Monday, 24 March 2014

Raging Blades (PS2)

Raging Blades is a beat em up that, though it never saw an arcade release really feels like it should have had one (there is the possibility that is was made from the remains of a cancelled arcade game, but this is purely speculation).
In it, you pick one of four generic fantasy characters (Gray the Knight, Bud the Warrior, Raybrandt the Wizard, and Tina the Monk), go to various generic fantasy locations, including the much loved RPG staple, the "ancient lost civilisation with guard robots and big glowing crystals" and fight lots of generic fantasy
monsters. There's also two secret characters, Iria the Valkyrie and Alicia the Fallen Angel, who have to be unloacked with a cheat, though it you save after doing the cheat, they stay unlocked permanently. They're both a lot stronger than all the other characters. Alicia can't be selected in Story Mode, though Iria can.
Doing said cheat also unlocks an extra mode, called "Full Attack", which allows players to change characters when they continue, and more importantly, removes the boring story narration between stages.
As for how the game actually plays, it's pretty good. Like the setting, the mechanics won't win any prizes for originality, but it's fun enough, and the stages, though cliched, do have a lot of atmosphere to them. You don't get any lives in the game, just  single health bar, though continues are limited, so if you wanted, you could treat them as a stock of lives, without letting it weigh too heavily upon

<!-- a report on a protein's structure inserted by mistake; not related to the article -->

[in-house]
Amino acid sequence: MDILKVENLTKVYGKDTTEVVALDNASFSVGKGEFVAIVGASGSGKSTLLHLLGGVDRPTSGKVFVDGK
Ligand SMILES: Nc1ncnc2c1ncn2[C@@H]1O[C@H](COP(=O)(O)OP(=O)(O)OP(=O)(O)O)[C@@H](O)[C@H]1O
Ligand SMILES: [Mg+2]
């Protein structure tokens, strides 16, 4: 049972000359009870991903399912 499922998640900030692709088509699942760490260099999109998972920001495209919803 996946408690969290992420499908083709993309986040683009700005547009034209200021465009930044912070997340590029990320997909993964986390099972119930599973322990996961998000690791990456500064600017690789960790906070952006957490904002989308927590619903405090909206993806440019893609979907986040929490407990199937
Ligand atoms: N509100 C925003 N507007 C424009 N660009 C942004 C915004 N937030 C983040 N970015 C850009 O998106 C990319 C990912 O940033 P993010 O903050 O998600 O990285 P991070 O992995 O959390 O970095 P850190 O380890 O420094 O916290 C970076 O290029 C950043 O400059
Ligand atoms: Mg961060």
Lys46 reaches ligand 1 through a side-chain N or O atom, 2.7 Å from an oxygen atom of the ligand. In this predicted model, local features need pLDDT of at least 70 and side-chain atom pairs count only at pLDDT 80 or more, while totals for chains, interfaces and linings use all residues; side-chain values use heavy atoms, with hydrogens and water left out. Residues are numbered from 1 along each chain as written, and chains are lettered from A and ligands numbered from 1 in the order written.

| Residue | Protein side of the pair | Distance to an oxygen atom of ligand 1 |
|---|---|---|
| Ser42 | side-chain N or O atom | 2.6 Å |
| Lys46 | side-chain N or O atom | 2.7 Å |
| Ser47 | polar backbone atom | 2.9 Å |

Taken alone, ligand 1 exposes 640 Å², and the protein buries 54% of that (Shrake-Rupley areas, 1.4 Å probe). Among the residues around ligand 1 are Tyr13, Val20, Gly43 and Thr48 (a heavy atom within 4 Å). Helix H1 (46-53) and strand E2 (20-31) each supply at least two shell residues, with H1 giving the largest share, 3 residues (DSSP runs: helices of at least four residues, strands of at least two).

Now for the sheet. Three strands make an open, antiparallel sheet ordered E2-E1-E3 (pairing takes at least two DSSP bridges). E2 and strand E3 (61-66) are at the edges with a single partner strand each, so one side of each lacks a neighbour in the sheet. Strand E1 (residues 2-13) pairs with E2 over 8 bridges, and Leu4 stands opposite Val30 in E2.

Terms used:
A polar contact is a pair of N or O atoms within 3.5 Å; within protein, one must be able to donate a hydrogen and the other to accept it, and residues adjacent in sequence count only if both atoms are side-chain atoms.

your conscience.
You progress through stages in the traditional beat em up manner: walk along, stop to fight a group of enemies, carry on walking until you get to the next area. The stages themsleves are easy (other than the last stage), but the miserly distribution of healing items means you often won't have a lot of health left by the time you reach the bosses, and the bosses are significantly harder than the stages.
There's also a Duel Mode, which unfortunately isn't a reprise of the Duel Mode found in the first two Mega Drive Goolden Axe games, but rather a versus mode, in which up to four players (which means it's not really a duel then, surely?) pick either one of the main cast or one of the enemies and fight each other. I think it has all the enemies in the game, I didn't actually check. Sorry!
Like I've said throughout the review, there's definitely nothing original about Raging Blades, but it's fun and